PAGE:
In 1961 Bartlett was elected Fellow of the Royal Society of Painter-Printmakers, later serving as vice president. He became Fellow of the Royal Watercolour Society in 1970, later serving as president for five years from 1987 to 1992.
By 1970 Bartlett's first marriage had ended in divorce and he married the painter and printmaker Olwen Jones. He then gave up teaching to be a full-time artist and in 1975 he and his new wife moved to Fingeringhoe, near Colchester. Their new life was full of commissions and collaborative printmaking, and they exhibited regularly together. It was originally on Robert Austin's suggestion that he should visit East Anglia that he ended up buying a wooden boat, dating from 1903, to explore the coast with its estuaries and marshes.
In 1997 Bartlett had a major retrospective of his work at Bankside Gallery. His last solo exhibition was held at Hayletts Gallery in 2014. His work can be found in public collections such as the V&A, The Albertina in Vienna, the Arts Council of Britain and the National Gallery of Australia.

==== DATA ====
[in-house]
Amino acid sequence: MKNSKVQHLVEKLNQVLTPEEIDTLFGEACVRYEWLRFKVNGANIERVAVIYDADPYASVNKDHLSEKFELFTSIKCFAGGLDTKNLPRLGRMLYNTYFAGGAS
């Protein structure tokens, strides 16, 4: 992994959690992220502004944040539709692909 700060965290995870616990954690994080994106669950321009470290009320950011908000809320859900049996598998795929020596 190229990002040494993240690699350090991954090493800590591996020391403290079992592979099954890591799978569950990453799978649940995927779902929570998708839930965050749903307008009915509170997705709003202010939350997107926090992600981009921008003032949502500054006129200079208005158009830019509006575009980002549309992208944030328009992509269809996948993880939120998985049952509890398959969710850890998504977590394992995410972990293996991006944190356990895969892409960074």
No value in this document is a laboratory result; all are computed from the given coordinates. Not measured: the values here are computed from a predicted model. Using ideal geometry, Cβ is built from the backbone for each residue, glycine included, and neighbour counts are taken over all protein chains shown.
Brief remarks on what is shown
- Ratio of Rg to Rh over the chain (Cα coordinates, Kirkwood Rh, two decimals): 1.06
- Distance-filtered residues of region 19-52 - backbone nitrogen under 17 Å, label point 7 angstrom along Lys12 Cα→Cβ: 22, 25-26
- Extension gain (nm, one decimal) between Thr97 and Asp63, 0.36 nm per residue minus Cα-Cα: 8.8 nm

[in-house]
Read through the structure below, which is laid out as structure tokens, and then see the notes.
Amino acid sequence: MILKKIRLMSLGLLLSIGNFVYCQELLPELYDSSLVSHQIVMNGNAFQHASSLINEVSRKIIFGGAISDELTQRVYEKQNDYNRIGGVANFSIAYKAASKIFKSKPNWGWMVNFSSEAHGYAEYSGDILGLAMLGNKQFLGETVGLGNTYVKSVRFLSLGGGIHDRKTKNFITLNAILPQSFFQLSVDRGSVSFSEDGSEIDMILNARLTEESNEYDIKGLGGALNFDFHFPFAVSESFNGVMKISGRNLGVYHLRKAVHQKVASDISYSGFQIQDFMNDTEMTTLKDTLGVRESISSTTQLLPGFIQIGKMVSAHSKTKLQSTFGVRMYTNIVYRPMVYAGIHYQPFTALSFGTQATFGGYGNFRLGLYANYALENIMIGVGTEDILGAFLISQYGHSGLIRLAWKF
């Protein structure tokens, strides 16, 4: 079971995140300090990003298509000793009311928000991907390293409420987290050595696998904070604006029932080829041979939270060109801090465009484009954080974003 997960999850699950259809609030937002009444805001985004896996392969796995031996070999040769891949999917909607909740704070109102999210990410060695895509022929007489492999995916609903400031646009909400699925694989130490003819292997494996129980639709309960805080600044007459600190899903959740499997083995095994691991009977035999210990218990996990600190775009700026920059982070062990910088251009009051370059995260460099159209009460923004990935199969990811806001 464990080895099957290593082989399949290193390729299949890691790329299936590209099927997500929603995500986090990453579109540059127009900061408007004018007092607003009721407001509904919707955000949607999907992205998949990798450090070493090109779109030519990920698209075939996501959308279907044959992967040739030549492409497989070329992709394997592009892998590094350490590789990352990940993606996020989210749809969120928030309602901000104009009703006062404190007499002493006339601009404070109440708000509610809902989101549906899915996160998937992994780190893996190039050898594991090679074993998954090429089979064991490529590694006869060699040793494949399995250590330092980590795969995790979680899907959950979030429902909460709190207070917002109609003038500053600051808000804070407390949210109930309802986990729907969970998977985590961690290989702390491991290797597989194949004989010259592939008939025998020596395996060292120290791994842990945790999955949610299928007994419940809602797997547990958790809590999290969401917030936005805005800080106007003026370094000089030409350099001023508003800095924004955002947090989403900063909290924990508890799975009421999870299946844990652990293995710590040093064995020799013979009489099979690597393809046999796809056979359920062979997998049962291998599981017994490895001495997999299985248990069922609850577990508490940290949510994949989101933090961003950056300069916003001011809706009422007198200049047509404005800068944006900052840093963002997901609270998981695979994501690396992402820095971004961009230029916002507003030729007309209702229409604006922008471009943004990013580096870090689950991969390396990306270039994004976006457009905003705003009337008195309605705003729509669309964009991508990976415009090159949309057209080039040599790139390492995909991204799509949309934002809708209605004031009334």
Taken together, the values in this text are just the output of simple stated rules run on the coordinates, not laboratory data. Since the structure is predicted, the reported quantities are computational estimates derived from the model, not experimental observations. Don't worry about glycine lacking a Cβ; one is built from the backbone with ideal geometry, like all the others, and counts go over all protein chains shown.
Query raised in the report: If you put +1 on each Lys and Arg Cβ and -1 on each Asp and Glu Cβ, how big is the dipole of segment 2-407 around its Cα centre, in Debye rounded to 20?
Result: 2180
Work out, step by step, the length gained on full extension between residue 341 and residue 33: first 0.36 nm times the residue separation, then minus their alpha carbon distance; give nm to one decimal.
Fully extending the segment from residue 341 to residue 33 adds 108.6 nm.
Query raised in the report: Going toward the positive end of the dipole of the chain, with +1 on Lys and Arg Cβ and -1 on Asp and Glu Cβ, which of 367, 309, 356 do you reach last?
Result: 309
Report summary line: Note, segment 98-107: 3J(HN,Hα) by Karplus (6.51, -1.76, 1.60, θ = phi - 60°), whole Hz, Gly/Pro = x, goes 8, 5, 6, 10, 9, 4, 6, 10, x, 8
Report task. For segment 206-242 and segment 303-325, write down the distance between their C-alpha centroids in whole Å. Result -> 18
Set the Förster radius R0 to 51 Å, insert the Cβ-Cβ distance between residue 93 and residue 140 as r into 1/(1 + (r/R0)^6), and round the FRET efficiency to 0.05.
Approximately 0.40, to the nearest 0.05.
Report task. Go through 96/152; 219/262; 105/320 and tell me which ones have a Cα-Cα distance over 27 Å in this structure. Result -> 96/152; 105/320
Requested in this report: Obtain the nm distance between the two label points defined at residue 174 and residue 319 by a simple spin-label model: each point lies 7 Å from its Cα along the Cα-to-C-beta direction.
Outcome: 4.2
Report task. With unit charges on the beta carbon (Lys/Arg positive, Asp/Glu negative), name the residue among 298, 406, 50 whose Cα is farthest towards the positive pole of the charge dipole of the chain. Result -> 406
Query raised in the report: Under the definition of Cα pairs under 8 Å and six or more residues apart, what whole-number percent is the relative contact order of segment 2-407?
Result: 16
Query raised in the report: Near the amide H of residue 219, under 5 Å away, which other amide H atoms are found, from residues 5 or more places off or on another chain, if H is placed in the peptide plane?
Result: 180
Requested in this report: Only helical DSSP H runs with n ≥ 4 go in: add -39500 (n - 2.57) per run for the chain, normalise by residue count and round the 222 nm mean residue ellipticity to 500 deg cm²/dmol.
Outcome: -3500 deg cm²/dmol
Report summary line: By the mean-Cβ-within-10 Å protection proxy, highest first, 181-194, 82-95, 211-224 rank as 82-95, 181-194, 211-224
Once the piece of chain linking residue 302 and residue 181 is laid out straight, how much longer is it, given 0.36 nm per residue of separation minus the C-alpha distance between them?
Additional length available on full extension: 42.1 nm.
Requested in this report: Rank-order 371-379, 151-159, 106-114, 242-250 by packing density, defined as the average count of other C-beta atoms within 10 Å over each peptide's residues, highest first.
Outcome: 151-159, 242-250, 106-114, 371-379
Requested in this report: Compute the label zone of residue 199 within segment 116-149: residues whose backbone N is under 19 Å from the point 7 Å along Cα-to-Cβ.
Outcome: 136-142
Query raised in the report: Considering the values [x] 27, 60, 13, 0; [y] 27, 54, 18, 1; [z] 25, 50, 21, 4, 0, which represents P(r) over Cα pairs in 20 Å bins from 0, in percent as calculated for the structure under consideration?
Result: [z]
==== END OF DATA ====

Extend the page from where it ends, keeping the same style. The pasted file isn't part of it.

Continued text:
He was instrumental in the introduction of watercolour courses at Bankside Gallery, London - a remarkable achievement and was a member of Colchester Art Society in the 1990s.
When asked about the inspiration for his paintings Bartlett used to reply that he loved "the light in East Anglia, the flat landscape and the estuaries which provide big skies and ever changing colours".(3) The East Coast was the artist's primary source of inspiration and his watercolours and etchings celebrate the stark beauty of its landscapes, for which he had such great feeling. Out in all-weather, with a sketchbook to hand, he would capture the ever-changing light and movement of the sea and later develop the images into watercolour paintings or etchings in his studio.